I had an interesting conversation with one of my students this past week.  He decided that since he has been suffering from a severe case of Senioritis since August, now that the Forensics season is almost over, he’d like to write a new expository speech.  Apparently, his apathy might be wearing off, but we’ll see if the speech actually gets written.  For those of you who don’t know, an expository speech is a ten minute informational speech using visual aids.  The kids make these elaborate “boards” that have interactive elements and pictures that go along with their speech.

“Okay,” I said.  “Any idea what you want to write it on?”

He grinned.  “Ya, bad words, like . . . the F-word.”  He paused, “Can I do that?”

“I don’t know,” I answered. “Can you write a whole speech without ever saying your topic? Can you dance around it that much? Because you can’t swear in your speech.  I won’t let you compete if you swear.”

He smiled. “Yep, that’s the challenge. I think I can do it.”  We then proceeded to think of all the ways people have devised to refer to a swear word, or even swear, without ever really swearing.  Fudge is one example.  A more current one is “Frick.” People will actually say, “Oh fudge” and “what the frick?”  Really?

Here are the strategies we’ve come up with so far.

  1. Use a word that sounds similar to the offensive word but is oddly benign.  Fudge, for example.
  2. Use any word that has the same initial sound and final sound such as “frick” or “shoot.”  This is similar to #1.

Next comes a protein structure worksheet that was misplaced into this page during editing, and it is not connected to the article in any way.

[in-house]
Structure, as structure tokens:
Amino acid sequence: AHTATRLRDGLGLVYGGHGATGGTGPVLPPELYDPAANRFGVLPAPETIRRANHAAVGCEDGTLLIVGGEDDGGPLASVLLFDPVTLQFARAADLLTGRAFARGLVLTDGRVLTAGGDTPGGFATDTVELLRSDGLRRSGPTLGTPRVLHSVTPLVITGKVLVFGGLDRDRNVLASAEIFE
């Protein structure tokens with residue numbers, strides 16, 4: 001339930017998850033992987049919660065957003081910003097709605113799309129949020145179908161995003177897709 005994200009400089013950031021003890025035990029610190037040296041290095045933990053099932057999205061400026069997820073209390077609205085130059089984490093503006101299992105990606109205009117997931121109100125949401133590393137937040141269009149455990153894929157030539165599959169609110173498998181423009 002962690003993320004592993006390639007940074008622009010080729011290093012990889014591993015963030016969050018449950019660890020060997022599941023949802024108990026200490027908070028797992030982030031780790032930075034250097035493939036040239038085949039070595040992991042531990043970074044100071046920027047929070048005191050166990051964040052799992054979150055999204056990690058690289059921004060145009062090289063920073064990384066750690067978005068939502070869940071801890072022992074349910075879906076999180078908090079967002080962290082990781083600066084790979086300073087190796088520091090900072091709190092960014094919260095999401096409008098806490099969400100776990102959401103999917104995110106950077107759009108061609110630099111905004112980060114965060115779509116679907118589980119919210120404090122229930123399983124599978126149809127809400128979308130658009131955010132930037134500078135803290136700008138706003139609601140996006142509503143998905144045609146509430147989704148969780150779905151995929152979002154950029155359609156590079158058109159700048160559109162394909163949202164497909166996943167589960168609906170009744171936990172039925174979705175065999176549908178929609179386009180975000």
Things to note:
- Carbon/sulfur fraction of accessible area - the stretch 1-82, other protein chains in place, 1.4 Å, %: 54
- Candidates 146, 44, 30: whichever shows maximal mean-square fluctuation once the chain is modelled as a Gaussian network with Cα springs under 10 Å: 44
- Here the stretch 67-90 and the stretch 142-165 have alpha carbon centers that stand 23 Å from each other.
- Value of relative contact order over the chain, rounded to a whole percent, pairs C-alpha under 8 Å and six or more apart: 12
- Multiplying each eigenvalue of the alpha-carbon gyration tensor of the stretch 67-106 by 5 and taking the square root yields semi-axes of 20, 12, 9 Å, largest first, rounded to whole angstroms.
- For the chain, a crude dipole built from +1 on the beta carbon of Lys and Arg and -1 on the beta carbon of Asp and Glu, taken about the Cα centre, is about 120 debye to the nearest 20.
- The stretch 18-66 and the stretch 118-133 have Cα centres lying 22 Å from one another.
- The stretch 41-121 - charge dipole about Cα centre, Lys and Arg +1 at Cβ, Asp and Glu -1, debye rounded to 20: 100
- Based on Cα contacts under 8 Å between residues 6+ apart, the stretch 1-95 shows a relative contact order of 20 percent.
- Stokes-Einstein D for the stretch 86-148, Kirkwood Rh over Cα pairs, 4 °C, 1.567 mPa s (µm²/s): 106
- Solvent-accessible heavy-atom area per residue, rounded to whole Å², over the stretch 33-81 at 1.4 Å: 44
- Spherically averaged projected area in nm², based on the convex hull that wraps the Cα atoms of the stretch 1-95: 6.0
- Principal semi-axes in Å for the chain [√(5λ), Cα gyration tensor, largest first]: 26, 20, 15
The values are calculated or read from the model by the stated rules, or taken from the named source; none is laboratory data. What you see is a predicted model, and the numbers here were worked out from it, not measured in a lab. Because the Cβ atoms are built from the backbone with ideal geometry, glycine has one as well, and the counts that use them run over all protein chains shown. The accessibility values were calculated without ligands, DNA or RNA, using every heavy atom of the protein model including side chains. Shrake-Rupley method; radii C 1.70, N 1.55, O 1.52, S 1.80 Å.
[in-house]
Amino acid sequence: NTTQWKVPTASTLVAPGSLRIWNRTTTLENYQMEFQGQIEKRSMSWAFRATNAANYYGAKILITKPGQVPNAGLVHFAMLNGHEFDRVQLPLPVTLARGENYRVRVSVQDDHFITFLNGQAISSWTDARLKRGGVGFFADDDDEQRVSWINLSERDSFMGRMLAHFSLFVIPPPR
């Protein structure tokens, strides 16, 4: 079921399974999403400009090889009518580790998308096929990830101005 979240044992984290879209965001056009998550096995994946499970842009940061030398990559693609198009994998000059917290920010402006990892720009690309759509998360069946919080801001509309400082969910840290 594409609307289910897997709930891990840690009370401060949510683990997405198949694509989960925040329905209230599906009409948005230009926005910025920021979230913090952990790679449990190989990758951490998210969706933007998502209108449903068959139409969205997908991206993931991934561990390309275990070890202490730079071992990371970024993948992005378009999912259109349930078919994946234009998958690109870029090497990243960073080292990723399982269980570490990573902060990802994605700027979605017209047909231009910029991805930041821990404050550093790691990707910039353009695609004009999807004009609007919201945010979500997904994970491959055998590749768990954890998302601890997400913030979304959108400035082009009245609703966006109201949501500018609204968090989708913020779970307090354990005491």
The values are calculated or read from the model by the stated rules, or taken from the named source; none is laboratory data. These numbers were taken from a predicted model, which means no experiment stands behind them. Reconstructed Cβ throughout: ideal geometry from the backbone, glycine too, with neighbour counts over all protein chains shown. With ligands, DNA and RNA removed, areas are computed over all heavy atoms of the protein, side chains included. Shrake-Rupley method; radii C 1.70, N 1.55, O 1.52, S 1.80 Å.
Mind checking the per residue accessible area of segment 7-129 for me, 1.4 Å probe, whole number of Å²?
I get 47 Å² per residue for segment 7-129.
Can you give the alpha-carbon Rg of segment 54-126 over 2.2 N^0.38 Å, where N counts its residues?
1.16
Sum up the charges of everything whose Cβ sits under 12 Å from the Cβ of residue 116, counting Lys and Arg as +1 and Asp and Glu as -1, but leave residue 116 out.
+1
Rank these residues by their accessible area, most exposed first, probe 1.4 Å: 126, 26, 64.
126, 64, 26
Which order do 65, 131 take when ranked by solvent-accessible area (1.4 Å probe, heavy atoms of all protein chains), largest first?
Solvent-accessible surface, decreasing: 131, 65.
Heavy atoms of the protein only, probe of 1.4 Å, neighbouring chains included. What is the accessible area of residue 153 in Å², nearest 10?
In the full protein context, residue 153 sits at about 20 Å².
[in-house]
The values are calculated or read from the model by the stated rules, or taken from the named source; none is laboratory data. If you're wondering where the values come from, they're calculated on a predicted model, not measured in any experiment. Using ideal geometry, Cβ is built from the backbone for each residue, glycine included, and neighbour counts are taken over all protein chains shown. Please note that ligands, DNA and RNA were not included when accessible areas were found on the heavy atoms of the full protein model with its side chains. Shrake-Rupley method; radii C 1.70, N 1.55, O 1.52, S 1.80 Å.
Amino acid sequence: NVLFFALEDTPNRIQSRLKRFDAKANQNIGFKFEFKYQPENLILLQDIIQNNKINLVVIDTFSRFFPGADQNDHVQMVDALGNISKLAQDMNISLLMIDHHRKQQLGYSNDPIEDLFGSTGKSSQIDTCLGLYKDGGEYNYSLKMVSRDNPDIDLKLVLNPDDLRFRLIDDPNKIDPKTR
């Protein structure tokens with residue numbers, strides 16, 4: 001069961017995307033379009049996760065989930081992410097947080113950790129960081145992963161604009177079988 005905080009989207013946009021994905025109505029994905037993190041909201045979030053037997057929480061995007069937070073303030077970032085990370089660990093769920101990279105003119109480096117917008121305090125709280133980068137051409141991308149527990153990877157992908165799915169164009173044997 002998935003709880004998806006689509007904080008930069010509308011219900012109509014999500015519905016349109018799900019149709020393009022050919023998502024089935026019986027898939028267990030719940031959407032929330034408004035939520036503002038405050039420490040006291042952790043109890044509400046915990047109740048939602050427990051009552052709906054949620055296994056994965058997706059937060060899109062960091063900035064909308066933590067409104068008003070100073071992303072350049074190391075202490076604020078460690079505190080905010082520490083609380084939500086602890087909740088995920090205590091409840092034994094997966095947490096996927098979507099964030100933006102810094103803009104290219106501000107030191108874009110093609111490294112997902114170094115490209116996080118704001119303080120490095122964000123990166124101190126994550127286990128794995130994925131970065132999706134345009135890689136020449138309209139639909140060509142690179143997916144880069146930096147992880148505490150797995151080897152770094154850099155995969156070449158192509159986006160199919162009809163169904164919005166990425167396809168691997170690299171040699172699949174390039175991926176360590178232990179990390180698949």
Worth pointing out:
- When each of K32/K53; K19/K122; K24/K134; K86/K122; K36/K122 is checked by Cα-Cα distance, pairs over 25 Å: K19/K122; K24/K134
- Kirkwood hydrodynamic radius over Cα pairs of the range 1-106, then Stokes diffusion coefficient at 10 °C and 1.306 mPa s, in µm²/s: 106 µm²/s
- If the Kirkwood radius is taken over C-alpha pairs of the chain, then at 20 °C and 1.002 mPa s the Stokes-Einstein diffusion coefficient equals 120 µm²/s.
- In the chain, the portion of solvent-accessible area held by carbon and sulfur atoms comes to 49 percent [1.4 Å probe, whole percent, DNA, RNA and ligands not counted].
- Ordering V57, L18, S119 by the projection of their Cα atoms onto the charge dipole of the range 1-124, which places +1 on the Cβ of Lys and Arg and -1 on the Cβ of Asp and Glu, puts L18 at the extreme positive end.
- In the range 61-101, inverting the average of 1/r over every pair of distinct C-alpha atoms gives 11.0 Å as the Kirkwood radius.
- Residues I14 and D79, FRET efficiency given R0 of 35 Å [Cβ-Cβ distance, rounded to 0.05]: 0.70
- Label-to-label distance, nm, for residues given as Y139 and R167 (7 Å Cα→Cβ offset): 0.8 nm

3. Or, just use the initials.  Texting has brought this one to the forefront.  WTF sounds for something other than Wednesday, Thursday, and Friday for example.
  4. Cut out the bad part and use the initial.  Everybody knows what an a-hole is, but technically, you haven’t said the “bad” part of the word.  If you don’t know what one is, it is not the hole that comes before the b-hole.
  5. Use a non-word.  I’m not sure how to type this as it is a totally verbal usage.  It would work in a speech though. Two examples that come to mind are from the film The Christmas Story, one of my all-time favorites.  Example #1 – when Ralphie loses all the nuts to the tire and his Father has a tirade, and Example #2 – when his mom calls his buddy’s mom to tell her that her son said “fudge,” and the mom begins beating her son while Ralphie’s mom listens. In both cases, you don’t hear a swear word, but you KNOW that’s what they are saying.
  6. Provide the entire history of a word, its etymology which is its origins in Old Latin or wherever it came from. For example, there is a word in our language that is derived from the Old English word, “scite” meaning dung.  I’m thinking you can figure out the word.
  7. Synonyms are useful.

Feel free to add to our list if you have any fabulous strategies; I think he could use the help, and maybe the motivation too.